Parenting on Earth

What does godly parenting look like when enacted by imperfect, human parents? Where are we most likely to fail along the way?

We have a smart energetic grandson whose energy exceeds his impulse control by a sizeable margin. Naturally he regularly bumps into life and people. When he, his sister, and I are playing basketball at our house, it is not very long before the boy’s lunge at the ball will collide with his sister. She goes sprawling and scrapes a hand or knee. The scrape combined with the surprise leaves her hurt and sad. If we want to teach the boy to play basketball without tackling his sister, what should we do?

If we favor coercive methods (or we are simply tired and frustrated), we may lecture the boy, punish him, tell him that he is through with basketball for the day, or remove privileges. All of these are likely to make him more resentful rather than more mindful.

Love withdrawal takes a different approach. It might include one of those “I’m-so-disappointed-in-you” lectures. It might insist that he go to his room for an extended period. It might even entail name-calling—suggesting that the son is a disappointment.

What does wise induction recommend? In a perfectly calm and cordial manner, I ask him to sit down nearby and think about what he needs to do differently. He sits. His sister and I play basketball for a couple of minutes. Then I go sit by him. “Can you tell me what went wrong?” He immediately and naturally blames: “She got in the way!”

I calmly say, “Why don’t you take a couple more minutes to see if you can figure out what you need to do differently.” He does not need to do his sister’s repentance. A couple minutes later, I sit by him again. “Can you tell me what you did wrong?” Usually he is ready to repent: “I dove for the ball and ran into sister.”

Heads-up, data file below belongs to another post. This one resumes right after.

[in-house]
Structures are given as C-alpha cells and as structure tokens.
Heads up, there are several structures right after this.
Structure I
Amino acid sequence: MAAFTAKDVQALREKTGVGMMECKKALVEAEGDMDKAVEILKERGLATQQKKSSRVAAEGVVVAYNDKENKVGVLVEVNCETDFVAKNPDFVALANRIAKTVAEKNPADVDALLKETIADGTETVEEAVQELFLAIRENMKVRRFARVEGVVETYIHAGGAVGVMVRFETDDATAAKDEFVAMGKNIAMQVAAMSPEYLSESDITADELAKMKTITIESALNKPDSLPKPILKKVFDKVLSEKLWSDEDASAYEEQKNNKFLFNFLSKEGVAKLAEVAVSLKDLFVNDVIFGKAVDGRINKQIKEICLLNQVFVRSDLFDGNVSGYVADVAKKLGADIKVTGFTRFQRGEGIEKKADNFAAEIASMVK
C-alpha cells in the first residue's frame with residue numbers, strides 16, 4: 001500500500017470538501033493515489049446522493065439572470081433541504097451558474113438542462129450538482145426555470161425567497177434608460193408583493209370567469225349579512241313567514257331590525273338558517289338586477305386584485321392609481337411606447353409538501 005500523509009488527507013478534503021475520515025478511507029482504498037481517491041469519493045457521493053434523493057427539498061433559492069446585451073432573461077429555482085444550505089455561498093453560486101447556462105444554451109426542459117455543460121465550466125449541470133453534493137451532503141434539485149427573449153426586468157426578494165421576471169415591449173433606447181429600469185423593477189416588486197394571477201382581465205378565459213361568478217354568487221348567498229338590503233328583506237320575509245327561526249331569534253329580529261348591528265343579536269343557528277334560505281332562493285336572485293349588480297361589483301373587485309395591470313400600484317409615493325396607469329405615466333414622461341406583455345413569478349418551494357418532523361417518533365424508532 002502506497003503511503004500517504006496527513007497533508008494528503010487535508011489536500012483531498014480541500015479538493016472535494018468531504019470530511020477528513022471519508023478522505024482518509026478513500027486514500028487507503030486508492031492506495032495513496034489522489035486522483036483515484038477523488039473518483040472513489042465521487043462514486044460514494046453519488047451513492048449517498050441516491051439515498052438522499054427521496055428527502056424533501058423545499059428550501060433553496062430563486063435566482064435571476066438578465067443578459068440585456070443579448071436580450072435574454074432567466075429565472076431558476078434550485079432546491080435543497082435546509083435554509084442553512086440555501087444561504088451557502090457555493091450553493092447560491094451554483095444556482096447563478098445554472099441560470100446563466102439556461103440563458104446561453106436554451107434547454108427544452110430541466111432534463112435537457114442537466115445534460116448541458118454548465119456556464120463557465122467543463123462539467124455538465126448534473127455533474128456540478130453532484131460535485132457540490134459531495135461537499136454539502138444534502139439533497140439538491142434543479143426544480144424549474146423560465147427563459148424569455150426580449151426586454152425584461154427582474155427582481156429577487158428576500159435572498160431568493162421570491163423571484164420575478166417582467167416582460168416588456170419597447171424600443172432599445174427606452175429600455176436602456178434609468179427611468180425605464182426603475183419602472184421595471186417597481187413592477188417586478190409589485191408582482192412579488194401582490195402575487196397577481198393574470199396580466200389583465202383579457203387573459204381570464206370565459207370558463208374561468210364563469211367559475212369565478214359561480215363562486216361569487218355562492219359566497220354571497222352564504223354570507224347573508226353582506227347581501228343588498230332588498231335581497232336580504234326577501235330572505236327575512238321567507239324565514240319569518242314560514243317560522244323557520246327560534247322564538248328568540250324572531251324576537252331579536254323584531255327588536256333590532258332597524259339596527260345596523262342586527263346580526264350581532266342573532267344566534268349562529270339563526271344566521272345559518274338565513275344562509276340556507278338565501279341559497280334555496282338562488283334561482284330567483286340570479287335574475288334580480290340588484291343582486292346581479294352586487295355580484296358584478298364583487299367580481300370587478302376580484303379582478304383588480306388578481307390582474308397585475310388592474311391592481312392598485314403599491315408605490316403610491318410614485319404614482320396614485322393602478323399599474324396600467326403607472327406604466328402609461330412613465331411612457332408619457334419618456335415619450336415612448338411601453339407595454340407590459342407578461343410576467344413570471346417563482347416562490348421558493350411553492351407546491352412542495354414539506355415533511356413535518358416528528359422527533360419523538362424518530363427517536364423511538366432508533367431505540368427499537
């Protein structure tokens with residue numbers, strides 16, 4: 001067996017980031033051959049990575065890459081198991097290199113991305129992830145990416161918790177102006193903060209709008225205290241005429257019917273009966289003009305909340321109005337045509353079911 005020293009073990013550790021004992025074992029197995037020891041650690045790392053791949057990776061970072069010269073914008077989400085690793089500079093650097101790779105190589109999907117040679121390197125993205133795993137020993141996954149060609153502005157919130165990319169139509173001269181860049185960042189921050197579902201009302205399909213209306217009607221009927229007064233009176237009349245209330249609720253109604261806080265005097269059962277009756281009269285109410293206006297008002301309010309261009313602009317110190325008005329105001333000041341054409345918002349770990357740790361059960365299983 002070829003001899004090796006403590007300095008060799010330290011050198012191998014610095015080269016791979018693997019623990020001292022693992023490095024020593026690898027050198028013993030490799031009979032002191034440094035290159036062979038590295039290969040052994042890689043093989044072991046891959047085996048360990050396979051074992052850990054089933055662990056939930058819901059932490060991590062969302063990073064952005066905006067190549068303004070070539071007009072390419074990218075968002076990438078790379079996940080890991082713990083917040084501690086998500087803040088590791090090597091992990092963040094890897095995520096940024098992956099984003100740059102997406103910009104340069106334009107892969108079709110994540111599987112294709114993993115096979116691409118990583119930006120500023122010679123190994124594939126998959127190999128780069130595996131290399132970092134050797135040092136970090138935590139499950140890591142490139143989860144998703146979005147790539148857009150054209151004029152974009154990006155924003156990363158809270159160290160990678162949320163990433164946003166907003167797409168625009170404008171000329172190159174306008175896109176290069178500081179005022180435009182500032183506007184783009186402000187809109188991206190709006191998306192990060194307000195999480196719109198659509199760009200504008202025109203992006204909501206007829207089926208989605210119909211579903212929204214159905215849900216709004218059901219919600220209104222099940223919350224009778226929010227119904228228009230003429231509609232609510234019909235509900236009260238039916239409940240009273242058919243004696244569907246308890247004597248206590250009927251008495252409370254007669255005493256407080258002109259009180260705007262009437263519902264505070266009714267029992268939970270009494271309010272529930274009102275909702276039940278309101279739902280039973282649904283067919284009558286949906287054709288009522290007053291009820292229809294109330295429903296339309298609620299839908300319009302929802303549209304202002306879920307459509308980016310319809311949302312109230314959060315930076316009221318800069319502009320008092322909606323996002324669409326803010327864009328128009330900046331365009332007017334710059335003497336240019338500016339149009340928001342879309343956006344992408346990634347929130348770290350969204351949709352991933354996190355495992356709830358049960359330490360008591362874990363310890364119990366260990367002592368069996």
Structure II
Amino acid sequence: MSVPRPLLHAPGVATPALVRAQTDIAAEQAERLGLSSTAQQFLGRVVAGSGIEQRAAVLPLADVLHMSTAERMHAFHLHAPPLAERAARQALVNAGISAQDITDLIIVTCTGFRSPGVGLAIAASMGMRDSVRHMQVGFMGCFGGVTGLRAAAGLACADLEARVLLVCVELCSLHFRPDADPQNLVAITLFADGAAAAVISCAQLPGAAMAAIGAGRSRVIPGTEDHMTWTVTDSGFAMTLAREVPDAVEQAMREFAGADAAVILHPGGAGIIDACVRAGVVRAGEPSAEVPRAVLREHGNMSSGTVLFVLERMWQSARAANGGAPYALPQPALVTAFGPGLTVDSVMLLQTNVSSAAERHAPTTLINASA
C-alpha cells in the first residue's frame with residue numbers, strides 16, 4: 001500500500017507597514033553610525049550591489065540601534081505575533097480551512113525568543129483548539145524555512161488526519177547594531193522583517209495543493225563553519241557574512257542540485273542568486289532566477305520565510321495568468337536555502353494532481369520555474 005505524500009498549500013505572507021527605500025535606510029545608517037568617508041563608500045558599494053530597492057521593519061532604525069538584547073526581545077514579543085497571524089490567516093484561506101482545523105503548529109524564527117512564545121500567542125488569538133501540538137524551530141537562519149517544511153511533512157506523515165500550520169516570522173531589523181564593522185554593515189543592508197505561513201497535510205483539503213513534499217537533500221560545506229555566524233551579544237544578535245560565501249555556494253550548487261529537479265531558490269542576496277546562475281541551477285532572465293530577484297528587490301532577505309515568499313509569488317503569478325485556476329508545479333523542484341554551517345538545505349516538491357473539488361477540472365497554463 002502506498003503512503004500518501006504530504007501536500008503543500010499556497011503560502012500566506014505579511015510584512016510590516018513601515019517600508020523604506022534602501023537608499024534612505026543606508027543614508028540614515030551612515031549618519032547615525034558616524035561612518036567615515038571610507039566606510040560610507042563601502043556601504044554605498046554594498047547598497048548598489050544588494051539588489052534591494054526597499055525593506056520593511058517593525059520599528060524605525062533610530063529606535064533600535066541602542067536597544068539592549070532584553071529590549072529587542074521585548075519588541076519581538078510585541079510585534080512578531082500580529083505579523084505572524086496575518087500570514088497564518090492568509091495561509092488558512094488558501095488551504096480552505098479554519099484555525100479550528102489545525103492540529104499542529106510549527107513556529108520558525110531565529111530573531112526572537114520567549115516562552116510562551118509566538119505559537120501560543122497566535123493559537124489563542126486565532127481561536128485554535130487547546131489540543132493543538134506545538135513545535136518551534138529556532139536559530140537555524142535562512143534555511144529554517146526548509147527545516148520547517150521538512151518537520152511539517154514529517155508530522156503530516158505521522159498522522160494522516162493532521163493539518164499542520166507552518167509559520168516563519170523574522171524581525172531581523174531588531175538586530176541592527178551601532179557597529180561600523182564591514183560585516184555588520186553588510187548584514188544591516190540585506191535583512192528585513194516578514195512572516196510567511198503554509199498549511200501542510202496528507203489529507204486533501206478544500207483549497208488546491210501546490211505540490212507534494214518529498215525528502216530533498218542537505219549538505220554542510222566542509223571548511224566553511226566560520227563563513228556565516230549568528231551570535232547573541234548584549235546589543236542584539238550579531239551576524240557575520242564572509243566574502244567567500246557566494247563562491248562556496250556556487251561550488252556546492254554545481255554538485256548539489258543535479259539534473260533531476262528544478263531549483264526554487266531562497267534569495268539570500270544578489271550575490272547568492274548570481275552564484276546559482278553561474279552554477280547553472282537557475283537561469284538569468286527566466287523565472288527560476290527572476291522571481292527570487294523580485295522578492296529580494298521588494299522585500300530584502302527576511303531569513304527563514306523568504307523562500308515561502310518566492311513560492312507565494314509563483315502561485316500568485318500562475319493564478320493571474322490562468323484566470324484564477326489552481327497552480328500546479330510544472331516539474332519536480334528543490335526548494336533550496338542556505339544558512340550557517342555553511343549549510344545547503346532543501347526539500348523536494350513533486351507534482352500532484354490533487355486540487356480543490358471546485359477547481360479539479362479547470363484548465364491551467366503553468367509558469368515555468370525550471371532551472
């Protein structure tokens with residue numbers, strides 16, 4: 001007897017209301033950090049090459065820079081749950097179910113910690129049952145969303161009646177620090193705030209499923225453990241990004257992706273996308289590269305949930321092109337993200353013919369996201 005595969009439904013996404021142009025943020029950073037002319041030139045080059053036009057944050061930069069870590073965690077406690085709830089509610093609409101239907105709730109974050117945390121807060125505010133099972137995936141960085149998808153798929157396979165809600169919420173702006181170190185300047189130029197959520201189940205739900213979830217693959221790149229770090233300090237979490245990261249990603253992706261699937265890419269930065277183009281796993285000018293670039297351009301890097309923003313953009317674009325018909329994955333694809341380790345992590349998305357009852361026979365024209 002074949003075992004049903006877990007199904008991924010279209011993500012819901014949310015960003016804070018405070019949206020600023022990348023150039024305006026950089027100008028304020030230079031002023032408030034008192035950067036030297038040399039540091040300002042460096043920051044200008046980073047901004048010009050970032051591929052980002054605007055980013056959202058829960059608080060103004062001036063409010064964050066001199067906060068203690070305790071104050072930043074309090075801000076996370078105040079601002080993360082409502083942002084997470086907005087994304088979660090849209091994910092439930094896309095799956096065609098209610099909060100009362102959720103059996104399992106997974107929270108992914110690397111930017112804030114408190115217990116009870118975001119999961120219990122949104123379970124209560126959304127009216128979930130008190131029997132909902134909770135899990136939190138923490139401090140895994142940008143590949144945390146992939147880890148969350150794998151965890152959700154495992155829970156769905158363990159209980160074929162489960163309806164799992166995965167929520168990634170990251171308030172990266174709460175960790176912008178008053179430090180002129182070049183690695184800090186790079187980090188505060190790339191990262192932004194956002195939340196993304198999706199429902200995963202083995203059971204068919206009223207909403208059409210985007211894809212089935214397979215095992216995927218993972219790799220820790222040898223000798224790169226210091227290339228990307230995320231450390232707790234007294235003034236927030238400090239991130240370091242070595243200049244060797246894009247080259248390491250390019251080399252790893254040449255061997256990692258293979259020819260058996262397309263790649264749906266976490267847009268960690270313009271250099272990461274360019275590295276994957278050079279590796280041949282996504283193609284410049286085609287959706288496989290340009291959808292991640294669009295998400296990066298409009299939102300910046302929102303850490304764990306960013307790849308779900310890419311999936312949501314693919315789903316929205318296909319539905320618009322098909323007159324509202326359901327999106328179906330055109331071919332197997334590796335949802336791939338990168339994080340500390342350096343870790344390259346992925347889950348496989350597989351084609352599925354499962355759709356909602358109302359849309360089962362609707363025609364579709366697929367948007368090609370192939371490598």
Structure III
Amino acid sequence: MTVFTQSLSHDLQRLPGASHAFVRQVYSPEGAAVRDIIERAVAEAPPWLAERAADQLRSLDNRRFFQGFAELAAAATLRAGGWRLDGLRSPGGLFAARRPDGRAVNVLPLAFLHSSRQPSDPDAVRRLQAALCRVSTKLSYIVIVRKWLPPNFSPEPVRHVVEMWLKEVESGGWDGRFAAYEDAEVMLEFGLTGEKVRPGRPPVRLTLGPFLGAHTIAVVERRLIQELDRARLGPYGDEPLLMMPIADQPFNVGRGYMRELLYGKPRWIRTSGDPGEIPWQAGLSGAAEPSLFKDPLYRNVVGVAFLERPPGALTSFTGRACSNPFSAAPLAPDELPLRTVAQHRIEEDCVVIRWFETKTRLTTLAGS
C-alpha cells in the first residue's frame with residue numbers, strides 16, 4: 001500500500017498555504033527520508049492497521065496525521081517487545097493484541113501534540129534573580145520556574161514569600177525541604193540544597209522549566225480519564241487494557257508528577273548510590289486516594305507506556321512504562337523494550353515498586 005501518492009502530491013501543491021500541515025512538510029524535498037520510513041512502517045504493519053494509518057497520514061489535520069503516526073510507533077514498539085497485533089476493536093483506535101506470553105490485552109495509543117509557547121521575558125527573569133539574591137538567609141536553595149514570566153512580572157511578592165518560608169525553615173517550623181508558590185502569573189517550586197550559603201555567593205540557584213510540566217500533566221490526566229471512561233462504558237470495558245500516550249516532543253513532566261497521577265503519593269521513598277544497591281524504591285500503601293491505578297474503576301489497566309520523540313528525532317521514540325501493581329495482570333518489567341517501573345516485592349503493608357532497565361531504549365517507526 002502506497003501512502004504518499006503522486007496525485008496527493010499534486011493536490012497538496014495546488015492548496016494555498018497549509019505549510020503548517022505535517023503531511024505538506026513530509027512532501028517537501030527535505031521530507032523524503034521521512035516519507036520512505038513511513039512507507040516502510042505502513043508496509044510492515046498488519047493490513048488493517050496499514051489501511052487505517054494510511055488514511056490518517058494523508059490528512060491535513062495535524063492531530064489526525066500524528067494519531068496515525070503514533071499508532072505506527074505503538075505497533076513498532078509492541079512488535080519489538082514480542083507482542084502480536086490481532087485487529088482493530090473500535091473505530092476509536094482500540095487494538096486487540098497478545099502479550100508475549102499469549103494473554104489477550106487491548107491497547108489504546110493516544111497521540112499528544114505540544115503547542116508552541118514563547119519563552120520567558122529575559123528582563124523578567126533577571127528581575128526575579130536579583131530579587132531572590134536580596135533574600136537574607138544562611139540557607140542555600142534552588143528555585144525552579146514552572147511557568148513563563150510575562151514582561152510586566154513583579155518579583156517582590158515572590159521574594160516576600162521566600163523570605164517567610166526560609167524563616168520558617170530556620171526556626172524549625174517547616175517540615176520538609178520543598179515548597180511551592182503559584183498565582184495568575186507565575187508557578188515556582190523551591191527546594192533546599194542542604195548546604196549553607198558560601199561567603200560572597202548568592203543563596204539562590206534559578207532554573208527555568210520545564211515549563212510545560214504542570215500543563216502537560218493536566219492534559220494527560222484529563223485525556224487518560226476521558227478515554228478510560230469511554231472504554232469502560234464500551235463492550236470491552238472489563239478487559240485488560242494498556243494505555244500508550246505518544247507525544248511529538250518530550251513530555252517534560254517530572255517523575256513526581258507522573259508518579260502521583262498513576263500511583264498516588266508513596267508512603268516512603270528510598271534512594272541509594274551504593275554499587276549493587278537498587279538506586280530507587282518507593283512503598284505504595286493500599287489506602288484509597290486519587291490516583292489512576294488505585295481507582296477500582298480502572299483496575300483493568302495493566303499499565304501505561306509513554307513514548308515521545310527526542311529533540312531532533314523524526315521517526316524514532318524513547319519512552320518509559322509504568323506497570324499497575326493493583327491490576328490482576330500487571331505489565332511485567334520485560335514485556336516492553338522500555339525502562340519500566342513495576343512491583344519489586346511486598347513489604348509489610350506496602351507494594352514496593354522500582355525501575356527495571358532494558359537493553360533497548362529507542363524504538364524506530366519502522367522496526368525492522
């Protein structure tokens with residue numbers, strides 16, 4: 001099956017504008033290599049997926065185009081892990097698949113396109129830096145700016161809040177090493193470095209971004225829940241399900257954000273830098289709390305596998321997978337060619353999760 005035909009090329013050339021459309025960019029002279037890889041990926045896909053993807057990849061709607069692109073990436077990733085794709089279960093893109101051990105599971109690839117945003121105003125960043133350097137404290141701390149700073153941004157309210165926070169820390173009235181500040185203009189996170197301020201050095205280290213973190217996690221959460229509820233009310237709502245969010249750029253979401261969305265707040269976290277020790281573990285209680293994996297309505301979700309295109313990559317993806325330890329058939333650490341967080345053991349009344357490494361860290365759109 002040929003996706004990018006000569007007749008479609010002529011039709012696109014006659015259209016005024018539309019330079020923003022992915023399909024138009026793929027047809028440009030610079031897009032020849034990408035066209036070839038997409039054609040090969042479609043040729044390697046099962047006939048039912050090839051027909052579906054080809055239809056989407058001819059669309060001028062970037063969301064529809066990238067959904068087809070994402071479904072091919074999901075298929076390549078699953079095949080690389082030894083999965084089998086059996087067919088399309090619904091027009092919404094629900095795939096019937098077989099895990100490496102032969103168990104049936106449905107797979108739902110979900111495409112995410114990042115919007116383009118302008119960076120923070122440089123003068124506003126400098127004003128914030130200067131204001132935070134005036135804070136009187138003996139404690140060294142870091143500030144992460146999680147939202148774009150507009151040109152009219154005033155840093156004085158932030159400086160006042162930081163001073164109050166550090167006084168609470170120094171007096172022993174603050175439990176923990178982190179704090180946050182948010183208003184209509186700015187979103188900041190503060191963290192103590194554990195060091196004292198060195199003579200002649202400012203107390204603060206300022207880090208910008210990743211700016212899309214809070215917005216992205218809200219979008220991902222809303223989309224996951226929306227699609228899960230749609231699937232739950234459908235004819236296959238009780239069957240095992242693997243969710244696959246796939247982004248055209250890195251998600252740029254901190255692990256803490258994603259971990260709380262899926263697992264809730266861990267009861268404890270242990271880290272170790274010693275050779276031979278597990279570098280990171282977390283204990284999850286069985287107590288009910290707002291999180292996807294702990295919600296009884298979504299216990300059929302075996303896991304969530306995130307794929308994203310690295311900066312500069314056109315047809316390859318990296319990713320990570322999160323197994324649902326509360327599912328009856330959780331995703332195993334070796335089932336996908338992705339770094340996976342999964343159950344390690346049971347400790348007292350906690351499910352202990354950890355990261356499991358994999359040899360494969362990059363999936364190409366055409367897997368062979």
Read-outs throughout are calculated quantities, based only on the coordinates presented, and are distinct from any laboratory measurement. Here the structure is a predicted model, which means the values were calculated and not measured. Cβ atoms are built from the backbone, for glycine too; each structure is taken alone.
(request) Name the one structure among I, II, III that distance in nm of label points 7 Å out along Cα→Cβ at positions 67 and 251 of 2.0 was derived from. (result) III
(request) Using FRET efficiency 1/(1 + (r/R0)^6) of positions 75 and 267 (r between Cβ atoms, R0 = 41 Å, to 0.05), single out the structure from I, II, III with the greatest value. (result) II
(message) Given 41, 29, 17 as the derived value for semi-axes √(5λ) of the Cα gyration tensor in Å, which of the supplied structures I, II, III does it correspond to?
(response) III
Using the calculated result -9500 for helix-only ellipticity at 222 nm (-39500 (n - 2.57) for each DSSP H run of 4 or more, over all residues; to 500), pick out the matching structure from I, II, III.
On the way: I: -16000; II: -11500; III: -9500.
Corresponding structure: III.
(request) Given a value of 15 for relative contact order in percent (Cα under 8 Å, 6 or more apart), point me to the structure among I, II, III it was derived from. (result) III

Induction invites children to consider the effect of their behavior on others. “Yeah. What was that like for sister?”

“She got hurt.”

“You’re right. We try to never hurt each other. What can you do differently?”

“I need to watch for her and not run into her.”

“Would you be willing to do that?”

He sighs, “Yeah.”

“Are you ready to try again?”

We go back to basketball without any insults, threats, or punishments. I know from experience that he will be reckless with his sister again at some point. When that happens we will repeat this procedure as many times as we need to. Children need more than one encounter with reason and compassion to learn those principles. Effective parenting takes time, consistency and patience.

Sometimes we try to show our love for our children by ignoring the rules. That’s not the way to teach the law of the harvest. It teaches anarchy. Induction is the key to teaching responsible behavior. But induction does not include lecturing, guilting, isolating, hurting, or punishing. It is lovingly shepherding a child’s thought process toward understanding the consequences of their acts and the effect on others.

The next article will consider ways to bring heartfelt compassion, healthy nurturing, and wise guidance into effective harmony.

During BYU Education Week, Brother Goddard will be presenting a series of four evening classes on parenting, another series on marriage, and one on personal well-being. You may find useful ideas for family life by attending some of his classes.

If you are interested in additional ideas for effective parenting, you are invited to sign up for a free resource we have created at the University of Arkansas Cooperative Extension Service.  Navigating Life’s Journey is a weekly e-mail series that offers helpful ideas on parenting based on research so you can trust they will work in real life. There are also two other series available on couple relationships and personal well-being.  To sign up for any or all of these resources, go to www.arfamilies.org/family

Thanks to Barbara Keil and Nancy Goddard for their input on this article.


Sigsgaard, E. (2005). Scolding: Why it hurts more than it helps. New York: Teachers College Press.